| Abstract|| |
The history of the mental hospital in Delhi is a fascinating story. Set up in colonial times, the asylum in Delhi seems to reflect the tumultuous and chaotic history of the city itself. It was perhaps established in the early 19th century, and functions till 1857, when it is ransacked in the Mutiny. It is subsequently merged with the asylum at Lahore in 1861, set up again, and incredibly, closed again at the turn of the century. Subject to the whims of administrators and policy makers, the asylum then ceases to exist till the 1960s when a new avatar appears. In it's non continuity is the story of the neglect of mental illness.
Keywords: The Great Indian Mutiny, mental hospitals, history of psychiatry, history of Delhi
|How to cite this article:|
Jain S, Sarin A. The fractured history of the mental hospital in Delhi. Indian J Psychiatry 2018;60, Suppl S1:212-7
| Introduction|| |
Asylums in India followed the boundaries an overview of the British colonial rule, first by the East India Company and later the Crown. The asylum at Delhi was no exception. As the British influence crept up to Delhi, through the annexations of Oudh and the consolidation of the United Provinces, hospitals, dispensaries, and asylums were established. Although there are hints of some institutional care by the Mughals too, these are ambiguous. The Punjab was annexed only by mid-19th century, and the Empire extended to the north-west, reaching Peshawar. By then, Hoenigberger, a doctor from Saxony, had already established a small asylum in Lahore under the rule of Ranjit Singh, and when the British annexed the Punjab, they took over the administration of that. Thus, for the first half of the 19th century, the asylums of Delhi, Bareilly, and Benares were grouped together, while in the second half of the 19th century (after the annexation of Punjab), it is Delhi and Lahore that are conflated. The Delhi asylum thus leads a very precarious existence, threatened to be merged with Bareilly, or moved to Meerut, destroyed in the events of 1857, resurrected, moved to Lahore, and then back again to Delhi in 1861. It exists here till 1899, when it is finally merged with Lahore, which in turn is broken up following the partition in 1947. The new Mental Hospital in Delhi is reopened in the mid-1960s.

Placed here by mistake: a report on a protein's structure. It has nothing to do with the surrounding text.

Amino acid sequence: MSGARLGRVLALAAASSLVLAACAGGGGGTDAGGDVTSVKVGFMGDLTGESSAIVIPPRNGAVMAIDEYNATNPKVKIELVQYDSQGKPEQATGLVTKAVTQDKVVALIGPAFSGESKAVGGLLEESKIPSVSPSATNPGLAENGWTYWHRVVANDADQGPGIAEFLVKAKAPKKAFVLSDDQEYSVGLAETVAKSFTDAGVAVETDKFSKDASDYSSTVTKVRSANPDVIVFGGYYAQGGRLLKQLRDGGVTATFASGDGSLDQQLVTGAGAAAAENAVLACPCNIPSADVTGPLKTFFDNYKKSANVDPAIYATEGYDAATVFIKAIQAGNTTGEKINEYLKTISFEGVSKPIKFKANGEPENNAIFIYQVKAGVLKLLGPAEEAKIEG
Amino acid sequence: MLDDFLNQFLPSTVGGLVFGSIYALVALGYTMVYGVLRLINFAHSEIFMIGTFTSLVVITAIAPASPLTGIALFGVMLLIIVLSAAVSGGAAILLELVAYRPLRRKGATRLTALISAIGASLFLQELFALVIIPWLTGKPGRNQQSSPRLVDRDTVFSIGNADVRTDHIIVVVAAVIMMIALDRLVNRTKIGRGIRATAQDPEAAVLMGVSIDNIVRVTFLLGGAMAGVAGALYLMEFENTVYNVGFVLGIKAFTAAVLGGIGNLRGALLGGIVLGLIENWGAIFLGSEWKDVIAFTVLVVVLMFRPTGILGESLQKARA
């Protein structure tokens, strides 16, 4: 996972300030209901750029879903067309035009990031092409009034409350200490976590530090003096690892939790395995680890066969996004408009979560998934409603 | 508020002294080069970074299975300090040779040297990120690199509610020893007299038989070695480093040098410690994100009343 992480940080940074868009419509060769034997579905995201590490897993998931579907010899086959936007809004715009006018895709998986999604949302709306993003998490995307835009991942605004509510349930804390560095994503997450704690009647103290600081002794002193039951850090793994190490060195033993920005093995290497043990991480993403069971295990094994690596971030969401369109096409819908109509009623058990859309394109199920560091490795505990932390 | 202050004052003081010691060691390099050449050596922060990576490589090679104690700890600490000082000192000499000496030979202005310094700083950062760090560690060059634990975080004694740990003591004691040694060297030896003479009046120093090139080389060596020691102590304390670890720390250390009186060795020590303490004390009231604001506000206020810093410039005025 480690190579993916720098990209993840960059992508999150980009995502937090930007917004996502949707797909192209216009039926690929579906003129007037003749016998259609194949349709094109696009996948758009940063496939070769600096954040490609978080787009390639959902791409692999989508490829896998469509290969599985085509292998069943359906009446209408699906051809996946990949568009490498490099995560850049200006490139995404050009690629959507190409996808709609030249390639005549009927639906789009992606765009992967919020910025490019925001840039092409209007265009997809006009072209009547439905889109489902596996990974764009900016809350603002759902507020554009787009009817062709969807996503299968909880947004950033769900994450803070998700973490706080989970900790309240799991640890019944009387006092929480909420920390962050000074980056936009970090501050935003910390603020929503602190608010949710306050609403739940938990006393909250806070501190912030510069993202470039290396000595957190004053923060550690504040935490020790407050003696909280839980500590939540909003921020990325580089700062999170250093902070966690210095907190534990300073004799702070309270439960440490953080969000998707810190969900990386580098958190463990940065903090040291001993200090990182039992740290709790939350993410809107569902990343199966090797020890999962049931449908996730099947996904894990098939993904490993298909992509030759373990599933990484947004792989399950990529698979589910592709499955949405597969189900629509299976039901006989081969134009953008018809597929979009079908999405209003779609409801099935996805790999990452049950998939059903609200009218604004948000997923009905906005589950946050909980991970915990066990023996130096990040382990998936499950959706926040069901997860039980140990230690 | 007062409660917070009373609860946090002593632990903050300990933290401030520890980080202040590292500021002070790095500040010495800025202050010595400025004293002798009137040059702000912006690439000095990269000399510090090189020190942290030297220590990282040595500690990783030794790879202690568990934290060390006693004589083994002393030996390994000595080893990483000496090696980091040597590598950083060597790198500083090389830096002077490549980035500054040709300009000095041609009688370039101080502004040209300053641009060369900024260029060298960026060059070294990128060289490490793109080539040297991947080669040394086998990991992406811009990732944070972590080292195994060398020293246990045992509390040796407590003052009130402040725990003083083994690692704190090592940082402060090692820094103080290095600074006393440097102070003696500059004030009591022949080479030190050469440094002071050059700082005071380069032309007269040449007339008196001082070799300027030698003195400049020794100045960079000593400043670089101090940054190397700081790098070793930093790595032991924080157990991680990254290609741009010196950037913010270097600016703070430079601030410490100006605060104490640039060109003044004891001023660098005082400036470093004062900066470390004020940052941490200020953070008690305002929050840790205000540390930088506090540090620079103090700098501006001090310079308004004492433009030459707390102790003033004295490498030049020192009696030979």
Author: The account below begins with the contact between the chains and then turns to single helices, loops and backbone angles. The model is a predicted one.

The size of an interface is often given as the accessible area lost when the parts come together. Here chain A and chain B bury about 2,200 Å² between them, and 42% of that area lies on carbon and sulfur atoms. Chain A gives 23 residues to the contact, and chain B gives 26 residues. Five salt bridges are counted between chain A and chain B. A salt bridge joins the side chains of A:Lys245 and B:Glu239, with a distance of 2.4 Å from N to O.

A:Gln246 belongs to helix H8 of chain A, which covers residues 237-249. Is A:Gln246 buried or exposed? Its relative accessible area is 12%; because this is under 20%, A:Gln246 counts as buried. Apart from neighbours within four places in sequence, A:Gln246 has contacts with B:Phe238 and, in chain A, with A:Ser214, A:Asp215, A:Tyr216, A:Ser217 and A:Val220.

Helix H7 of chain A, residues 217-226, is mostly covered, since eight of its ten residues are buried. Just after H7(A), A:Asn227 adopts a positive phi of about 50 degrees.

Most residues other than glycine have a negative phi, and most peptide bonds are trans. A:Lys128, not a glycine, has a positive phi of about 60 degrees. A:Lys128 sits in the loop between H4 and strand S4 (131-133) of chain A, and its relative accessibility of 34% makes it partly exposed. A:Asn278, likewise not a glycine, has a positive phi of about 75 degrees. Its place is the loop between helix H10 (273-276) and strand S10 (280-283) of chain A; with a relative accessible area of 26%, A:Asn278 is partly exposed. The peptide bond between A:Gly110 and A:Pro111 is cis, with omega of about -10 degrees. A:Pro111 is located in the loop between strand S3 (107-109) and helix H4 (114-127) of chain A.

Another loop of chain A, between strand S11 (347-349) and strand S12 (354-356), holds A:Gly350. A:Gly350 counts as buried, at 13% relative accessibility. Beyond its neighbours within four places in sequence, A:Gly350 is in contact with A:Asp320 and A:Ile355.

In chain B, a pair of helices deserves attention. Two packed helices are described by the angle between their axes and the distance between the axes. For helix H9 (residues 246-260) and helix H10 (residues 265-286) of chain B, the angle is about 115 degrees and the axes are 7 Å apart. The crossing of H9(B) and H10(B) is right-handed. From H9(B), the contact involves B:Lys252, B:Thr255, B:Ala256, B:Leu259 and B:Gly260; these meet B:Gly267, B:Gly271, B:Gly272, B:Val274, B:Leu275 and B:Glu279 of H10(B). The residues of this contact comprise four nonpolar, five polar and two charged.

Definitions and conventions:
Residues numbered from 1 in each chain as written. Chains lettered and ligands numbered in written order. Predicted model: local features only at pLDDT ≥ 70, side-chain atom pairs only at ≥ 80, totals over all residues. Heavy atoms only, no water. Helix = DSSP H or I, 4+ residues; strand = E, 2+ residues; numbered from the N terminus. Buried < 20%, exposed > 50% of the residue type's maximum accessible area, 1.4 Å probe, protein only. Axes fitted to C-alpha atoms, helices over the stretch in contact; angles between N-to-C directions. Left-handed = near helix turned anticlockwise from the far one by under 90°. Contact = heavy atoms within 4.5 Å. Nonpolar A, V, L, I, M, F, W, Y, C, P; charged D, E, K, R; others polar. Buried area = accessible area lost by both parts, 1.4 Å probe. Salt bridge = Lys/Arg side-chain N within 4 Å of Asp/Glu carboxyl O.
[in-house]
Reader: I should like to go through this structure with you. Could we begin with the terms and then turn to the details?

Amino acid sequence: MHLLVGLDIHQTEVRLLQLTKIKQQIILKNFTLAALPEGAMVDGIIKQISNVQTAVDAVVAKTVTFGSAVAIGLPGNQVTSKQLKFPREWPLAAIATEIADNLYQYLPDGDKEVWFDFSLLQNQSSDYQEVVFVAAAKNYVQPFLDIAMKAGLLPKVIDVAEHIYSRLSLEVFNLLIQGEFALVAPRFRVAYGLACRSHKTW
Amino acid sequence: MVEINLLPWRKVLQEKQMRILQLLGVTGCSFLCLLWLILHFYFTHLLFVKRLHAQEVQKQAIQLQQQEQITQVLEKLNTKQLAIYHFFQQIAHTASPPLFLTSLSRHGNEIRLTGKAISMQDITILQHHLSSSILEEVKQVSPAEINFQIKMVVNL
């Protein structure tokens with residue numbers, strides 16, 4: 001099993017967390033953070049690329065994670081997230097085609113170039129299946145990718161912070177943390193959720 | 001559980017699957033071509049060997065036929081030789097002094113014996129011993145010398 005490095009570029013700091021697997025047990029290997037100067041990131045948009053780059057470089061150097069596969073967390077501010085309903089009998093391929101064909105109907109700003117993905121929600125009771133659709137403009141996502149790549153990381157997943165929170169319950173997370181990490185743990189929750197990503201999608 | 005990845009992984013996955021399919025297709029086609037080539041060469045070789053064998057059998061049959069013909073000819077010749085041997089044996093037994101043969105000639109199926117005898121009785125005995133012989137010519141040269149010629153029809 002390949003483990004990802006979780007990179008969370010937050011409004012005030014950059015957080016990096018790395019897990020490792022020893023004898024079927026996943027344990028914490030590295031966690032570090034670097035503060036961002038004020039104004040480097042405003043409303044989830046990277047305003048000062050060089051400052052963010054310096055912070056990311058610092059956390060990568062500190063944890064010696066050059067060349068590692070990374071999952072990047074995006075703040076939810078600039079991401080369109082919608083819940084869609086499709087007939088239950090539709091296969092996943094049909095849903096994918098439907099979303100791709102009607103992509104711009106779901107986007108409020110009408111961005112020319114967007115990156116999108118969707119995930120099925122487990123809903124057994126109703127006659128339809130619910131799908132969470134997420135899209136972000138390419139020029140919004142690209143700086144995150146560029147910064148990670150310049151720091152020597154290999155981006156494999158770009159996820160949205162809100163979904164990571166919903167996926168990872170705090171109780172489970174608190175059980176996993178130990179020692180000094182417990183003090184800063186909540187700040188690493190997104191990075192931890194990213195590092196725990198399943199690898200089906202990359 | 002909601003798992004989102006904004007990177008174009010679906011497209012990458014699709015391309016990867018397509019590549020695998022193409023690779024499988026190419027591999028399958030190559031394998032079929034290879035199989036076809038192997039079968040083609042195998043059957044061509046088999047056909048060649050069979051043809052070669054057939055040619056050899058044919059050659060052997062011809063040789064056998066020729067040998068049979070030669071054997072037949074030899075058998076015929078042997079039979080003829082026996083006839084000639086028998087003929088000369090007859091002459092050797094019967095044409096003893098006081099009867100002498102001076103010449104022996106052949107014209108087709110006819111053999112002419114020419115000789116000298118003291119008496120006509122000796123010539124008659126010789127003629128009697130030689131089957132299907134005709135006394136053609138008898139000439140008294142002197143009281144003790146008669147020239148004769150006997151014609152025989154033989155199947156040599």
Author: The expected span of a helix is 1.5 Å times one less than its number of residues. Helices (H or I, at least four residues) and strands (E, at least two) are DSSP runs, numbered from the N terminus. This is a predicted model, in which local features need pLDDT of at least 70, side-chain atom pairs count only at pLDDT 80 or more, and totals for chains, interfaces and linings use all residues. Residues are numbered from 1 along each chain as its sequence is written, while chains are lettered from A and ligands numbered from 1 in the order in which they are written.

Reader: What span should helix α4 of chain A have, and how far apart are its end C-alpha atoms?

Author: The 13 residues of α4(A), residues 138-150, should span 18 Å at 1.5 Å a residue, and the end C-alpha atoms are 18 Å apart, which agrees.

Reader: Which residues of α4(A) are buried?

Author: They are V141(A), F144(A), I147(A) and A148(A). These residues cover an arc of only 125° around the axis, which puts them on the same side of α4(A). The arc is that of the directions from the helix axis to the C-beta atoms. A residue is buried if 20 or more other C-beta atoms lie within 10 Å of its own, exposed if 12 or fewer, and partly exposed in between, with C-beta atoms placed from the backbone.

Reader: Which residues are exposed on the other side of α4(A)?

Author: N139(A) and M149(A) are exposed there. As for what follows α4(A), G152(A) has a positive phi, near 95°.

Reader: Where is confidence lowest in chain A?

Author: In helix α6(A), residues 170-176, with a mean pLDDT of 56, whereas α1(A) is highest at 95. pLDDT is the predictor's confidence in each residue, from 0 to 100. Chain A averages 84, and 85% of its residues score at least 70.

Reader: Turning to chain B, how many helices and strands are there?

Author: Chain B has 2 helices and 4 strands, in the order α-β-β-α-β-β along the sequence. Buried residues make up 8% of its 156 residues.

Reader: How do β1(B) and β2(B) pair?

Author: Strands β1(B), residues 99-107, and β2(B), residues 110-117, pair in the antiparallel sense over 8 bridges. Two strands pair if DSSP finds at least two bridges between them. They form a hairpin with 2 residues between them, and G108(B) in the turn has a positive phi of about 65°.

| Physicality|| |
While the origins of the Lunatic asylum in Delhi are not known to the authors with precision, it seems that the asylum was in existence by the early 19th century. It finds specific mention in the records of the 19th century, where the Delhi, Bareilly, and Benares asylums are often commented upon and referred together. A new asylum was considered necessary for Delhi, and the comments of the civil surgeon are sought in 1845, but the plans are finally not approved. It was rather suggested that as Dr. Balfour had initiated considerable reforms at Bareilly, with an overall improvement; all the other asylums in the region follow his example. Even this was not without quibbling about its financial implications. A disused building at Fatehgarh (halfway between Bareilly and Delhi and thus enough for both sites) could be refurbished for Rs. 30,000 while a new building would cost Rs. 81,457. However, there are some hints of laborers being employed to clear land for an asylum in Delhi, and by mid-19th century separate returns for the Delhi and Bareilly asylums are reported. It is recommended in 1850 that the two asylums be merged, but whether this actually happens is not quite clear. Things are not too good at Delhi, and one enquiry reports that 1852 finds that it was “noisy and filthy”, with “stocks and chains in full operation”. There is some concern that the data being presented and the impressions drawn could be faulty. It is also hinted that no further patients be transferred to Delhi, as it was too small to accommodate more people.